Stocks gained ground on the week, closing on Friday at nearly the precise place where they started the year. The catalyst was corporate earnings, which were better than expected.
Investors are beginning to consider that there will be enough growth in the second half of the year to maintain the economic recovery.
Nerves were also soothed when the results of the European bank stress tests were better than anticipated: 7 of 91 banks failed, although the tests appeared to be rigged, or at the very least flawed, because they didn't measure the risk of a sovereign default. How would these banks do if a country like Greece defaulted? That answer will have to wait ...
Speaking of banks, in the U.S., bank failures broke through a sobering threshold: More than 100 bank failures in this year. Over the weekend, the FDIC closed 7 banks, bringing total bank failures for 2010 to 103. In 2007, there were only 3 bank failures; in 2008, there were 25; and last year, there were 140.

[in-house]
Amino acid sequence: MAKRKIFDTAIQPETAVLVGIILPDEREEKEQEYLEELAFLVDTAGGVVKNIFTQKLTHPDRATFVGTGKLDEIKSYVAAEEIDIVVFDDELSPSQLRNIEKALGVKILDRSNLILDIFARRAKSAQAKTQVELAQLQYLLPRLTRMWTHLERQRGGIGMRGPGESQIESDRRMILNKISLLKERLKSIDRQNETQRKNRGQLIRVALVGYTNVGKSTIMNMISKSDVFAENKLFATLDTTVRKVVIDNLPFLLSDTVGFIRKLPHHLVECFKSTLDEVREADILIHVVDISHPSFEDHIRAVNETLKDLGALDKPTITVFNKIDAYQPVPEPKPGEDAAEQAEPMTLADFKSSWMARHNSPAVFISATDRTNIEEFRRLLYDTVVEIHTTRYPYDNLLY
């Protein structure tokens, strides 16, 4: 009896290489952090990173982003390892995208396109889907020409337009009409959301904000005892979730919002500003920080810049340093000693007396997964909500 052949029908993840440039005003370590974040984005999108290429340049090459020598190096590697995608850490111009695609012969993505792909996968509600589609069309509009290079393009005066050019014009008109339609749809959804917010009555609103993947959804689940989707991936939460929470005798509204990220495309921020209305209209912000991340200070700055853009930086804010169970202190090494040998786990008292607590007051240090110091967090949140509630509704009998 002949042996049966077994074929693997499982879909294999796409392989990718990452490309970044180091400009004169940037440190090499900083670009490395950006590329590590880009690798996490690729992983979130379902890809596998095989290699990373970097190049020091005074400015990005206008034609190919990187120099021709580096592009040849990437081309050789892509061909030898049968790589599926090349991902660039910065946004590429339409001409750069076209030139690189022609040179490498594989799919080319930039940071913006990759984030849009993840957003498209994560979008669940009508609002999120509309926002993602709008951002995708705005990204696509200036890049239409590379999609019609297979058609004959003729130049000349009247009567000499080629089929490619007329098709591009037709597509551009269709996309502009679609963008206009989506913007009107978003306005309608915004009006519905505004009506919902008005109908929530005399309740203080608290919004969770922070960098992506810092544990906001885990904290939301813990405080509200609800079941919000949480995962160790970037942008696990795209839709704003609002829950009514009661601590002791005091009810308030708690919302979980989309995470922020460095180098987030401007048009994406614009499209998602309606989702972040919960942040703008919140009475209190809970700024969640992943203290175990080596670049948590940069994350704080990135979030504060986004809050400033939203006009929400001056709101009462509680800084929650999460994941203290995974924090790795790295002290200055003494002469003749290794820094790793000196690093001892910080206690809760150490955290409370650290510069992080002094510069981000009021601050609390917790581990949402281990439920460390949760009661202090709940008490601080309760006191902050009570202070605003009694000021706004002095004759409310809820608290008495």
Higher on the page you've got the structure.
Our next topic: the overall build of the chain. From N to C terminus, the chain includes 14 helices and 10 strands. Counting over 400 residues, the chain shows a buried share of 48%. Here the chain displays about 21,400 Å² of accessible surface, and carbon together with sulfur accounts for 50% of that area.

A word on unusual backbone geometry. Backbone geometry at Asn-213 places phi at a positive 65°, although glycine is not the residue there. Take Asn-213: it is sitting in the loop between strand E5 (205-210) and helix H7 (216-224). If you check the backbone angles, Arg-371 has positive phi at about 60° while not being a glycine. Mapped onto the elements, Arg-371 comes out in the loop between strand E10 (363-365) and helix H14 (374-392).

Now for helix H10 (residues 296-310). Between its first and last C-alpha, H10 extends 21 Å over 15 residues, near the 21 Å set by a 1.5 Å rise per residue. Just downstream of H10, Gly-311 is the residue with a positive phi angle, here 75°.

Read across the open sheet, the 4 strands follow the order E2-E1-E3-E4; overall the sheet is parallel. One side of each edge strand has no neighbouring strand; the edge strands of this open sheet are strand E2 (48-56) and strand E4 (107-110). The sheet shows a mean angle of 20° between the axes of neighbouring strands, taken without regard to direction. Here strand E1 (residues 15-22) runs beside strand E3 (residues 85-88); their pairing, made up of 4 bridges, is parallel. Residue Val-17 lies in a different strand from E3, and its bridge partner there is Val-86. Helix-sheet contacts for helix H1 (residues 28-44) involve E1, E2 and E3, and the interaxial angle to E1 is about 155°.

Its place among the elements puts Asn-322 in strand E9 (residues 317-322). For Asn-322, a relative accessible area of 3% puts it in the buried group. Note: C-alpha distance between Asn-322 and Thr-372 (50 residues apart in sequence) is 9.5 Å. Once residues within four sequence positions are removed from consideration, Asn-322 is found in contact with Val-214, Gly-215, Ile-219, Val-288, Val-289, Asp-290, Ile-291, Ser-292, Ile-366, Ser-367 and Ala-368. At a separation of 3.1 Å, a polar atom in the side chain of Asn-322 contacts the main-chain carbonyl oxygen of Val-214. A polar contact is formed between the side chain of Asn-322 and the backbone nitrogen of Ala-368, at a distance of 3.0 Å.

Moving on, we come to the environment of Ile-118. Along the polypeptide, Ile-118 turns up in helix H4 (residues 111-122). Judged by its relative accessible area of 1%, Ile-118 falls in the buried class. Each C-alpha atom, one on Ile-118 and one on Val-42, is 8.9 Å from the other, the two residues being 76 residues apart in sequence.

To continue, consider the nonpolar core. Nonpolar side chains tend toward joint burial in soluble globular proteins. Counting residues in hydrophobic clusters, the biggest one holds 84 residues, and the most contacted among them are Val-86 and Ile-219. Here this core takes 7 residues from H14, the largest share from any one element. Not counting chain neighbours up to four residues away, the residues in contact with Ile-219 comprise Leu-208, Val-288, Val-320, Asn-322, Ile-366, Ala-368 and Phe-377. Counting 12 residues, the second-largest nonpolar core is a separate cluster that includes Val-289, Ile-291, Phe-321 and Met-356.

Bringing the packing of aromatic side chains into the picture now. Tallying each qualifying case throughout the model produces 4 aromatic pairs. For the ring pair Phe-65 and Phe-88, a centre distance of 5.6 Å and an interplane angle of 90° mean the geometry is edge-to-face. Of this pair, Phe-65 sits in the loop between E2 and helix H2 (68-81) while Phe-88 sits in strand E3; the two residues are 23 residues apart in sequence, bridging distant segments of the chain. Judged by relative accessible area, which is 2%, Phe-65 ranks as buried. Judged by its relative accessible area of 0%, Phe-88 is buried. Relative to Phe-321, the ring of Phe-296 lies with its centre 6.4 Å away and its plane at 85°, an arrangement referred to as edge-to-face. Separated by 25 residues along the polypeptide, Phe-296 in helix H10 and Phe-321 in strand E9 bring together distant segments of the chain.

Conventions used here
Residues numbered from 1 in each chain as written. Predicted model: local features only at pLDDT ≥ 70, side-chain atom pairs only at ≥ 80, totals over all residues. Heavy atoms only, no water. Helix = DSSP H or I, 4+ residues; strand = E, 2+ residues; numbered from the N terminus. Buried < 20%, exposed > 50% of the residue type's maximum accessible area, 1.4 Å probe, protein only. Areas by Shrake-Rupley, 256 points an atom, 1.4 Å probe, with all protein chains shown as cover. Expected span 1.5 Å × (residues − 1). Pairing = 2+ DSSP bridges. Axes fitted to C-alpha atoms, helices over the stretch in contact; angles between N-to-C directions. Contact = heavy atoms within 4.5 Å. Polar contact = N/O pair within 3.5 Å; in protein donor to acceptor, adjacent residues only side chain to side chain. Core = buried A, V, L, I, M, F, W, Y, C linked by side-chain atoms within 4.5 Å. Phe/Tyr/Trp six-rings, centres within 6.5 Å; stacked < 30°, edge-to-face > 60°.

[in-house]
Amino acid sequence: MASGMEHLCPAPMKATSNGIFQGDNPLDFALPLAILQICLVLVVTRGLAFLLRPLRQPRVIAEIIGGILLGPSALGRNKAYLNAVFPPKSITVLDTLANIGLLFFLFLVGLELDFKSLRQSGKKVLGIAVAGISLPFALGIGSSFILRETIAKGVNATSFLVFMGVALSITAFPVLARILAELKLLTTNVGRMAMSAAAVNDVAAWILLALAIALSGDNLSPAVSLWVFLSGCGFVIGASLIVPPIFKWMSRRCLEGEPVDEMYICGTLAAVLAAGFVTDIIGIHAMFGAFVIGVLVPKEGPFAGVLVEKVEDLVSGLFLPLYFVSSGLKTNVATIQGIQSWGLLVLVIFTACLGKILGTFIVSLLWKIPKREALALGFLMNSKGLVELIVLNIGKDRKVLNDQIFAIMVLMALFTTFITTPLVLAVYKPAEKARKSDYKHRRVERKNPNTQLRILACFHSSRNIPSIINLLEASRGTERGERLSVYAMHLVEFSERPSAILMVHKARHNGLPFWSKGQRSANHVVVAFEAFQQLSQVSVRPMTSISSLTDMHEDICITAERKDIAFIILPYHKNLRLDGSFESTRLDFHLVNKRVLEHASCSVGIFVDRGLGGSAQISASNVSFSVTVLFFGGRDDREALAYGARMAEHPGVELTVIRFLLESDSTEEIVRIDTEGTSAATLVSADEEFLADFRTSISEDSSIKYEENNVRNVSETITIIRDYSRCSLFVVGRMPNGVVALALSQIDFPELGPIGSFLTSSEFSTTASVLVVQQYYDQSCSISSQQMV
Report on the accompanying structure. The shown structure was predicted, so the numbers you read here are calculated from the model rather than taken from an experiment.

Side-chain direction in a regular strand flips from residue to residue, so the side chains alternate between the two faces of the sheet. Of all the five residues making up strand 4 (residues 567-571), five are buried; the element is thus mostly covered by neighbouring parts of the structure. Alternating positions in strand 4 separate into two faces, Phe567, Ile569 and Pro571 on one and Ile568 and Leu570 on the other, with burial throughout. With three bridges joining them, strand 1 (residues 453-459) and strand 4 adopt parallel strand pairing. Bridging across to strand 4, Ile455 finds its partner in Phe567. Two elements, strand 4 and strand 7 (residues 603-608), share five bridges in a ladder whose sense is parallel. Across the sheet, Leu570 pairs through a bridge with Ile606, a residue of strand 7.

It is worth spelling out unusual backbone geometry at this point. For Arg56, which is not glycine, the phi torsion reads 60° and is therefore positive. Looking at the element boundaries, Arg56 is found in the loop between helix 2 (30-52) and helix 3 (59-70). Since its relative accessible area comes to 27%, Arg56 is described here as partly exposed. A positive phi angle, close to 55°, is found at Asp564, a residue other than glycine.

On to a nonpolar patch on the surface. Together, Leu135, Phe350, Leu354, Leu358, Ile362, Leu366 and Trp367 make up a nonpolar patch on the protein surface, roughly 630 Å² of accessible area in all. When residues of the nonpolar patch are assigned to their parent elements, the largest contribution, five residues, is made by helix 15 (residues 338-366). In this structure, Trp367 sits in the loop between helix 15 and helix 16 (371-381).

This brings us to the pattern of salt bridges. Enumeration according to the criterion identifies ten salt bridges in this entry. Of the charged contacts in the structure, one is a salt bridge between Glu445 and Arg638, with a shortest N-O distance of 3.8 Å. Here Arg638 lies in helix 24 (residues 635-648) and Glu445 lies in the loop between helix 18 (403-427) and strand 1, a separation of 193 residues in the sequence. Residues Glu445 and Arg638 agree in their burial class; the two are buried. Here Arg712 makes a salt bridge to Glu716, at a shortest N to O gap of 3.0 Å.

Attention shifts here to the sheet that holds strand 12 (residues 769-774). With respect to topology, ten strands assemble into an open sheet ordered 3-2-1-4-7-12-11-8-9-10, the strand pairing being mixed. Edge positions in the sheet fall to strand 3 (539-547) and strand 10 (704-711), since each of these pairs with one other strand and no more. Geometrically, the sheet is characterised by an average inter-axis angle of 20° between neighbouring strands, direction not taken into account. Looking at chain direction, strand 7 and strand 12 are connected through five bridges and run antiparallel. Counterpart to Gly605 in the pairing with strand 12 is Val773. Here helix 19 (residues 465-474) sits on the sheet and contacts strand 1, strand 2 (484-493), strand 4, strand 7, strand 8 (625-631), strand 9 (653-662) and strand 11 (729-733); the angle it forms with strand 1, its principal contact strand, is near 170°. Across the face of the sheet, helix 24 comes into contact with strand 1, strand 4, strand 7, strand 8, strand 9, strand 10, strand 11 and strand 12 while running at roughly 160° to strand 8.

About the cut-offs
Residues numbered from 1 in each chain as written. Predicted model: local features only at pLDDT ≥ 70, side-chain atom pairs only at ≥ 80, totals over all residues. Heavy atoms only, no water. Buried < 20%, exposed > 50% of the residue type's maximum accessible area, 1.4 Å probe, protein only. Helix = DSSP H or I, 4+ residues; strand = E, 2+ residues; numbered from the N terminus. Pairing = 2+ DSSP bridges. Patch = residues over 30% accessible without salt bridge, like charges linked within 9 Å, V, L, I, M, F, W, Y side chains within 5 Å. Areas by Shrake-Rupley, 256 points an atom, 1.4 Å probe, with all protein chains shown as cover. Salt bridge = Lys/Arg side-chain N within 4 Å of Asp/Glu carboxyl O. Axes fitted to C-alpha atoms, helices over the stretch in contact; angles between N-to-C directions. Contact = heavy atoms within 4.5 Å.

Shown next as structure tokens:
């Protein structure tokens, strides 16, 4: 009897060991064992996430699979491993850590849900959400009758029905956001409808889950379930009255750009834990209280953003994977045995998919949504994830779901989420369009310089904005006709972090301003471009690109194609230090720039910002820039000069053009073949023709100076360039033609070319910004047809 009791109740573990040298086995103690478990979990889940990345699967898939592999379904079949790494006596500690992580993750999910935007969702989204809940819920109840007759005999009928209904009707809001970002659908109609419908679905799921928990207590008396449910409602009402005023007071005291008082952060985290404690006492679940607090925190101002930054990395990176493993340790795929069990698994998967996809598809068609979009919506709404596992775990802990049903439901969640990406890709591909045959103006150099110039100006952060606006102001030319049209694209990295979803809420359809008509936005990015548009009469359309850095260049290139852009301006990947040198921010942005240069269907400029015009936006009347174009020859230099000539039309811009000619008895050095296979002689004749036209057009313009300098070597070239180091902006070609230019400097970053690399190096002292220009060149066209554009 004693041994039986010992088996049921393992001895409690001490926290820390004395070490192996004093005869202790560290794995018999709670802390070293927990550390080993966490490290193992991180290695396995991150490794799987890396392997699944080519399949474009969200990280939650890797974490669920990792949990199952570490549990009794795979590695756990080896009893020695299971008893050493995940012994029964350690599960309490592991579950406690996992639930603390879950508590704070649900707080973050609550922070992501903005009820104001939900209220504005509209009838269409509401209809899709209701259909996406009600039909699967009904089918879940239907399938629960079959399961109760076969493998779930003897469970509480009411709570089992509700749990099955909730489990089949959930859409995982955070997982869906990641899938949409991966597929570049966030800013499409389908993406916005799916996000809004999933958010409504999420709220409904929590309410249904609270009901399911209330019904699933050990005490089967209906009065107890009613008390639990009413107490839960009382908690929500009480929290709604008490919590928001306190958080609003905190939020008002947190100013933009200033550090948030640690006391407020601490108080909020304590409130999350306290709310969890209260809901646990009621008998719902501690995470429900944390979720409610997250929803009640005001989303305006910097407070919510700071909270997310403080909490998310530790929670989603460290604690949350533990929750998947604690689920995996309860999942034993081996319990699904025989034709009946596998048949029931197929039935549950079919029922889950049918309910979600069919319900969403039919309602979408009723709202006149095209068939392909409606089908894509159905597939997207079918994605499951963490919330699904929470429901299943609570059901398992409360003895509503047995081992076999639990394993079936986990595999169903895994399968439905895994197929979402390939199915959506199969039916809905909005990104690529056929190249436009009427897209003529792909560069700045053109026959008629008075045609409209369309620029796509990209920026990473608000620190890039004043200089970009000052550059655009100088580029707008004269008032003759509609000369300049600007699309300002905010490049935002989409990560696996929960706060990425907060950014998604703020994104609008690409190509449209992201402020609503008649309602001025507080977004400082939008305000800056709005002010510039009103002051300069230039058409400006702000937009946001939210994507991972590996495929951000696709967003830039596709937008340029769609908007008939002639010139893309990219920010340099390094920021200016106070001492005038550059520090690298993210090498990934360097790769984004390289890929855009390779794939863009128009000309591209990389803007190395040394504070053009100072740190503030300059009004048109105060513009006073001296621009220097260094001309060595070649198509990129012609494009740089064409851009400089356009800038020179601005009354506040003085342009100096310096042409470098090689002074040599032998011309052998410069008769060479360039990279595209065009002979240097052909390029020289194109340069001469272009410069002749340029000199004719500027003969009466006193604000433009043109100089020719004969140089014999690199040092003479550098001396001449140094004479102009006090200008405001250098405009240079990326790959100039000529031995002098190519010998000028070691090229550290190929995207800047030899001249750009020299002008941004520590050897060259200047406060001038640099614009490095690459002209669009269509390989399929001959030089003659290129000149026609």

Experts believe that we are on pace to see more than 200 bank failures this year.
Investors have probably factored this into the recovery story already, so bank failures don't tend to have much impact on markets.
Here's where the indexes stand:
DJIA: 10,424, up 3.24% on week, down 0.03% YTD
S&P 500: 1102, up 3.55% on week, down 1.12% YTD
NASDAQ: 2269, up 4.15% on week, up 0.01 % YTD
September Crude Oil: $78.98, up 3.4% on week
August Gold: $1188.20
This morning, Asian shares are trading higher on the back of U.S. earnings, while European stocks are mixed.
On tap this week: More corporate earnings (BP, Boeing, Exxon Mobil and Merck); housing data; and the first estimate on Q2 GDP.
In a sign that the recovery is slowing, GDP growth is expected to be 2.5%, down from last quarter's 2.7% and well below the Fed's 2010 estimate of 3.1-3.5%.